I think we also have to ask what Nutter’s Bill will really do. Let’s face it. We all know that he is running for Mayor, and he will be willing to pass totally toothless legislation in order to score a win. The Bill also didn’t go down on the merits or lack thereof, but because of politics.

I have heard a lot about his legislation but haven’t really heard any details of what it does or what specifically people think that it can change. How important is it to pass toothless legislation just so we can all feel happy about having an ethics Bill? Now I’m not saying that the Bill is toothless, but I am saying that there has been a lot written about it here and other places, and I still don’t know the details of it. Isn’t that weird?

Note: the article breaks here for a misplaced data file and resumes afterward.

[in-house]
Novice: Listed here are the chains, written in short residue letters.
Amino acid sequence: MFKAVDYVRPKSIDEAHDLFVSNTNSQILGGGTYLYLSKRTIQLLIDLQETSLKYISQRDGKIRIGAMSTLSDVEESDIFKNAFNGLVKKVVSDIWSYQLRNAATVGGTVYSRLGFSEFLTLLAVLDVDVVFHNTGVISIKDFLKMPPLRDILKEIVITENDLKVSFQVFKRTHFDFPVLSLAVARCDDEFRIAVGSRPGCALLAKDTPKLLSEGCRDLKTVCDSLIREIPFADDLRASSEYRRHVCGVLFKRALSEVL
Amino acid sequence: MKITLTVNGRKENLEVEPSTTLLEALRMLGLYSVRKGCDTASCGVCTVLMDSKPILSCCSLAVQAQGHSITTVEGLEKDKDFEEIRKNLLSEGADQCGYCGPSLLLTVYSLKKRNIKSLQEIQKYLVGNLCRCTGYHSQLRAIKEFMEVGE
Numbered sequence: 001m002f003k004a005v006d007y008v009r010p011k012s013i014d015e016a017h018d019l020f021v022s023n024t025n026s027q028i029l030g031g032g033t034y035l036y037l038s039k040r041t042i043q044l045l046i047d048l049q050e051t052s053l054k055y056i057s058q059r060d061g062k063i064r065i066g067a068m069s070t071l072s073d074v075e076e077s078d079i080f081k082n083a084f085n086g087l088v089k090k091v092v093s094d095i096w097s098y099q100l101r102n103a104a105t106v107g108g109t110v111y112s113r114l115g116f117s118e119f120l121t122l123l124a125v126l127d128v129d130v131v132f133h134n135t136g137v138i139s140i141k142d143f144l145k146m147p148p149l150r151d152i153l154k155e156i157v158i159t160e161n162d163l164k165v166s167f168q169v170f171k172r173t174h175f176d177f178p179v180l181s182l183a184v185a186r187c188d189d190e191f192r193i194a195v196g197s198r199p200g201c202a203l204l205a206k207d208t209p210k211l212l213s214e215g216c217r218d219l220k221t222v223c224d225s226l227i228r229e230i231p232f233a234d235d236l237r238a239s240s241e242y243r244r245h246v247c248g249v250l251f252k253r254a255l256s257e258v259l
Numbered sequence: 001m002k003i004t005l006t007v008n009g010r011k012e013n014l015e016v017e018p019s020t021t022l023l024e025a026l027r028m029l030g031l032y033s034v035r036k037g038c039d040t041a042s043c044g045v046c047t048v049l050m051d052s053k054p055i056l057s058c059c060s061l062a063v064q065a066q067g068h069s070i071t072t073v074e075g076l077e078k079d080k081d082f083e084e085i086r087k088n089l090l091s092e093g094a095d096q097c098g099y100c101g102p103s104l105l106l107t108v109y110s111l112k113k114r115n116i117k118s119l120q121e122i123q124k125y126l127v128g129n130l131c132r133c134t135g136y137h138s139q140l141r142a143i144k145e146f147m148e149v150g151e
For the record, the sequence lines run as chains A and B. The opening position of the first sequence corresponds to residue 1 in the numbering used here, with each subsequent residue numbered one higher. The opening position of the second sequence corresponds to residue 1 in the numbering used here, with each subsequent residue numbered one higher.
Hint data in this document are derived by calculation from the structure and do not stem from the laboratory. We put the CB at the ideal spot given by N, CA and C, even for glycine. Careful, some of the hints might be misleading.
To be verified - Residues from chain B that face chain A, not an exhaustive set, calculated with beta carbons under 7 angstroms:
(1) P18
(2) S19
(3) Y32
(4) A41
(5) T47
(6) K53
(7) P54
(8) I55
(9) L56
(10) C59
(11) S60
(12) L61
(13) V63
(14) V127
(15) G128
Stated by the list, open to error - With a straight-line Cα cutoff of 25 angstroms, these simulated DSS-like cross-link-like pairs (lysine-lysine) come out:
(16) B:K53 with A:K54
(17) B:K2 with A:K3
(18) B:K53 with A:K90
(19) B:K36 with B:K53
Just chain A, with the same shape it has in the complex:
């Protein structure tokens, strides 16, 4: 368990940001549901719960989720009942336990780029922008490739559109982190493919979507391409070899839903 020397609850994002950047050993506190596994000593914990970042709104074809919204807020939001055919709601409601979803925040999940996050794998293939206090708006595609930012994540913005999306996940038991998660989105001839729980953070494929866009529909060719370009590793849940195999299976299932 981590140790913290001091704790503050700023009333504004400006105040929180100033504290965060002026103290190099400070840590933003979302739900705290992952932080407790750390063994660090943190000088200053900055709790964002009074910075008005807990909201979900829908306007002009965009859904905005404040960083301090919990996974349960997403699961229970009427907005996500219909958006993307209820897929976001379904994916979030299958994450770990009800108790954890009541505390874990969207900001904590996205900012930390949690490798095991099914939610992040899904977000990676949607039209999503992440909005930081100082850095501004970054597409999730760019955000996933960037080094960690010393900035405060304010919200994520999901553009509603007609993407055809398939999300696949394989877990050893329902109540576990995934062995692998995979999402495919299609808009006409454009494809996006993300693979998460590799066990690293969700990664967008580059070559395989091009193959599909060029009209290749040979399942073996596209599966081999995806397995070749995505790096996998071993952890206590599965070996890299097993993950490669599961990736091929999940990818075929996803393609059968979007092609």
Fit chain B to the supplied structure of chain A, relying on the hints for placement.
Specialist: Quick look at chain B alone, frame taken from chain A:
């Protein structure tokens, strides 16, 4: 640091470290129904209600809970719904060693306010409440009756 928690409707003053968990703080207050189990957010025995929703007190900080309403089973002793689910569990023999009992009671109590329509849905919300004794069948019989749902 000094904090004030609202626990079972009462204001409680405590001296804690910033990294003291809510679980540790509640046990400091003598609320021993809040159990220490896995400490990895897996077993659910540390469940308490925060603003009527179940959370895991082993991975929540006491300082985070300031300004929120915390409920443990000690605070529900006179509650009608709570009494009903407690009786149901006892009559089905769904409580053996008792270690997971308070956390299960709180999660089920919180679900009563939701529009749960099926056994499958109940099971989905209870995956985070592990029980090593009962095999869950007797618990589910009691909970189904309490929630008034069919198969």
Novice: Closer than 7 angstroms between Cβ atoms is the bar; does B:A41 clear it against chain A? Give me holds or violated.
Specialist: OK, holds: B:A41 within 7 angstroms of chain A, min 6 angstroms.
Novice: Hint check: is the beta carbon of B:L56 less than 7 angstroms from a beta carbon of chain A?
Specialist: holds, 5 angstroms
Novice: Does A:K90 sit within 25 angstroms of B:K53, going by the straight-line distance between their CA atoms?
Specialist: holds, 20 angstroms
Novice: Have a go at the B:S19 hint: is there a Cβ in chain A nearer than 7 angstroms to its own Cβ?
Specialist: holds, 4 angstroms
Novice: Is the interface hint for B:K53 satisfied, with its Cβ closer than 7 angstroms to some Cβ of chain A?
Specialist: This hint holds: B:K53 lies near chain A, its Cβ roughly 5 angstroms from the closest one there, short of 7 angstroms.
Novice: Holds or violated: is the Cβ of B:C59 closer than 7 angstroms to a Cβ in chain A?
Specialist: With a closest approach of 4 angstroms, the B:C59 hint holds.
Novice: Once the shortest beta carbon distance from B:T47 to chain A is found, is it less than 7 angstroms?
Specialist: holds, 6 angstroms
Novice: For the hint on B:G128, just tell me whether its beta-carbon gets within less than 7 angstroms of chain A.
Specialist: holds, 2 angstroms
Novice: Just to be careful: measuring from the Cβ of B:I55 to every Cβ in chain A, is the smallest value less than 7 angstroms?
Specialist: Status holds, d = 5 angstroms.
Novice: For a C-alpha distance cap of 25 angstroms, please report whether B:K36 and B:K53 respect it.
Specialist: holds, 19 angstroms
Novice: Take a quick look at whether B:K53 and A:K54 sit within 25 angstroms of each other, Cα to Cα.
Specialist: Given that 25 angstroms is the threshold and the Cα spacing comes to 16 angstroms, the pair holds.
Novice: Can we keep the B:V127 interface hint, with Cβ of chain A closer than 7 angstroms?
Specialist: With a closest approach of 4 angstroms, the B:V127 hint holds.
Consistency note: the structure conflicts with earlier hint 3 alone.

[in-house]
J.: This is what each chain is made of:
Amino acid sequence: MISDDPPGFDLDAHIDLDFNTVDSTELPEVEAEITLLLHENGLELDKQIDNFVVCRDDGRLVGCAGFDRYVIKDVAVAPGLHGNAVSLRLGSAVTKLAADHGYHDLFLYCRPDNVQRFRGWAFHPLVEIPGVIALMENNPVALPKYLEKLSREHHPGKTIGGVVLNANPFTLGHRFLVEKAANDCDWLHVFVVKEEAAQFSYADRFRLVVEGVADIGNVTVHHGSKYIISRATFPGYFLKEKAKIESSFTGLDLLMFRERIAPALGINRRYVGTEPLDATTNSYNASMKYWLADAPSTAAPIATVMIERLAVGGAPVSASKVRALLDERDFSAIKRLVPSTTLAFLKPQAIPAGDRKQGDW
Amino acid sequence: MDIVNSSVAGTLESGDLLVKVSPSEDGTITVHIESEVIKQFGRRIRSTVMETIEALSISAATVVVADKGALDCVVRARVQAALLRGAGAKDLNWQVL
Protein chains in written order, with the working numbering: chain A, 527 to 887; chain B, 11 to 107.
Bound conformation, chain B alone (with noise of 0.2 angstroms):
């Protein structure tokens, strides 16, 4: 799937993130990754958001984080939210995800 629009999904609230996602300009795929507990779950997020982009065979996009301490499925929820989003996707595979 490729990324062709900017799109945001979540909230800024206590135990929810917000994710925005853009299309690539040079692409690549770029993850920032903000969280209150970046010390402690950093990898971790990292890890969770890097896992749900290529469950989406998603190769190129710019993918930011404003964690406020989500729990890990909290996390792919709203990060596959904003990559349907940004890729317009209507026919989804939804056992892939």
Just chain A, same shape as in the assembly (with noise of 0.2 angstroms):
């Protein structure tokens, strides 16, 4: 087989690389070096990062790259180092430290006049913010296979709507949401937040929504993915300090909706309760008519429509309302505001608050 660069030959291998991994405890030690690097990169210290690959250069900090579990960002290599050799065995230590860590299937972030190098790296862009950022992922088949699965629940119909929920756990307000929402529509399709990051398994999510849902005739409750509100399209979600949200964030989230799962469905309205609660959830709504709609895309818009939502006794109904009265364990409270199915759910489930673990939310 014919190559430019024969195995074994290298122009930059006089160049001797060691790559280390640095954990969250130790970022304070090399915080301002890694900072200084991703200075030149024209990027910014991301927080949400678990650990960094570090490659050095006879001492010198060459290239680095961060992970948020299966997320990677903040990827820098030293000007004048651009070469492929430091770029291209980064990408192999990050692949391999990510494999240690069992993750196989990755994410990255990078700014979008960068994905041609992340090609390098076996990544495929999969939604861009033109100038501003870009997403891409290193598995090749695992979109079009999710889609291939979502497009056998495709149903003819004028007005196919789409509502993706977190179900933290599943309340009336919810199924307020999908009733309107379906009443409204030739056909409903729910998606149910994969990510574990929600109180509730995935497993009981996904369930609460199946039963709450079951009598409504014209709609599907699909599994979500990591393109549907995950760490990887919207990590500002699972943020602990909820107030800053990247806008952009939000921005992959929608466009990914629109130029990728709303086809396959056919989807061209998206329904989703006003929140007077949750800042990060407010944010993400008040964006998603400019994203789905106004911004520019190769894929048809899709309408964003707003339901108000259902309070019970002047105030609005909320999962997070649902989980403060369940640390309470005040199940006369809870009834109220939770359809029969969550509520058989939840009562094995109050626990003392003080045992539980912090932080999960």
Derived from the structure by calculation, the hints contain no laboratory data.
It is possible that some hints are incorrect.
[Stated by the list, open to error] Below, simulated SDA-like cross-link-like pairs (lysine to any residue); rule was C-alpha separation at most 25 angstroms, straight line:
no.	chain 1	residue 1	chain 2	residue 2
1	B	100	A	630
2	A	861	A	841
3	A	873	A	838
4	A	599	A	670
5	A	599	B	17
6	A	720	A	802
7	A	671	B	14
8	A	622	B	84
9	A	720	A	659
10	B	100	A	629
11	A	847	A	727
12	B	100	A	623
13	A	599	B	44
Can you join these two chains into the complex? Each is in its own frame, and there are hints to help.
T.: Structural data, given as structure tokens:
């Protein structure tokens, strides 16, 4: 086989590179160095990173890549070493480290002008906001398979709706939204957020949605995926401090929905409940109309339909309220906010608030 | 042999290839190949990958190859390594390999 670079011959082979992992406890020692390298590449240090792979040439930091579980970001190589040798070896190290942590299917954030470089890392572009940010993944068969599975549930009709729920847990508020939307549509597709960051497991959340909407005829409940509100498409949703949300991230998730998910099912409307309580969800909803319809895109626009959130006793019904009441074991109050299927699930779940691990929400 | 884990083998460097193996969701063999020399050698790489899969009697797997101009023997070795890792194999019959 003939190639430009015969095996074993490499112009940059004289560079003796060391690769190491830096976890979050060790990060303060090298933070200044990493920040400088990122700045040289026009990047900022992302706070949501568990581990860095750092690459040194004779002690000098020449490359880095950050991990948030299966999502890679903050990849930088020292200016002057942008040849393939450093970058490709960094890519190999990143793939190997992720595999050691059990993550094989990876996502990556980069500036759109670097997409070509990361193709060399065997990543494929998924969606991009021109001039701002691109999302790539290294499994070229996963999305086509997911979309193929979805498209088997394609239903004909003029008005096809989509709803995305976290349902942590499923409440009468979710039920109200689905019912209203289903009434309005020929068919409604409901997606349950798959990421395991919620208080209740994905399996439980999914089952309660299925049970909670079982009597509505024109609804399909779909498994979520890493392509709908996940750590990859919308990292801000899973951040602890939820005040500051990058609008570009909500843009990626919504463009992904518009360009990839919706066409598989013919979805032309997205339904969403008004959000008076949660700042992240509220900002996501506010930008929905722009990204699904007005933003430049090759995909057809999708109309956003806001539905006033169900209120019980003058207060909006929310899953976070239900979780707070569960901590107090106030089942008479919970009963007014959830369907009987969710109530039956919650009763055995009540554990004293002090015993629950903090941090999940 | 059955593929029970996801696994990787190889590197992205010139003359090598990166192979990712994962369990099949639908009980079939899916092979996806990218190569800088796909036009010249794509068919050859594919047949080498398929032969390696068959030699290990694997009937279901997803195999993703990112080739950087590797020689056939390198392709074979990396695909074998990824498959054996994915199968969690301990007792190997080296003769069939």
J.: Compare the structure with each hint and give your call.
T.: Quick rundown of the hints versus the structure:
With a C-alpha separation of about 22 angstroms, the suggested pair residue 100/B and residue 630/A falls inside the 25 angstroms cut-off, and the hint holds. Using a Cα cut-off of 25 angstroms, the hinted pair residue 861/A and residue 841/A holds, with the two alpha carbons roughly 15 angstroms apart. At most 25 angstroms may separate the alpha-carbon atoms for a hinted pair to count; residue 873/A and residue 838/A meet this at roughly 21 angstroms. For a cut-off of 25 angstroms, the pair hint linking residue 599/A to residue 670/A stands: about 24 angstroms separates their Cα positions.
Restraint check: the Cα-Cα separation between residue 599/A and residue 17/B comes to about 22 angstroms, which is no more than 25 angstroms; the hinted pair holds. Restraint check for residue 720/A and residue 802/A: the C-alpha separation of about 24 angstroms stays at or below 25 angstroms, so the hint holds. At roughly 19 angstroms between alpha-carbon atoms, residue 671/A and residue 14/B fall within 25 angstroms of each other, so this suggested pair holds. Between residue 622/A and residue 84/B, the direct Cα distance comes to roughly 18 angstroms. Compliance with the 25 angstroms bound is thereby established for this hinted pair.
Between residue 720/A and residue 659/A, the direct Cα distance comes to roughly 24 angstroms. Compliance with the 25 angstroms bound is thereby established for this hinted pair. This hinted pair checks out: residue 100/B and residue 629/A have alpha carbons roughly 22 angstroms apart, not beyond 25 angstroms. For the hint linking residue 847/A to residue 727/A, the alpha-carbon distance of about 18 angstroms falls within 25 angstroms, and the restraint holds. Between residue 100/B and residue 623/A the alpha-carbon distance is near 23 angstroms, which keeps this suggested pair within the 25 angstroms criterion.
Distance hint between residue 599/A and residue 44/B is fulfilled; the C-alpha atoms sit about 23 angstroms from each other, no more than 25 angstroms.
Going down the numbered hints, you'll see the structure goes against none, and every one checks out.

At 3:24 PM, Blogger Pat Evans/Butcher/Wicks said...

Dan you make some good points in reply to Ben's post. However, let's stop skirting around a primary issue in terms of the pay-to-play issue: race.

Why has Street taken the majority of the heat for the excesses of pay-to-play? Is it just coincidence?

I doubt it. I think that the excesses of past administrations boiled over just in time for the start of Street’s tenure leaving him to deal with the mess. And now, here he is the perfect (black) fall guy.

I don’t think this is a cynical perspective at all. This is the reality of race politics in Philadelphians. A reality that a lot of white, traditionally Democratic, liberals who hated and continue to hate John Street (and many even went as far as to support Sam Katz) need to face.

At 7:24 PM, Anonymous Anonymous said...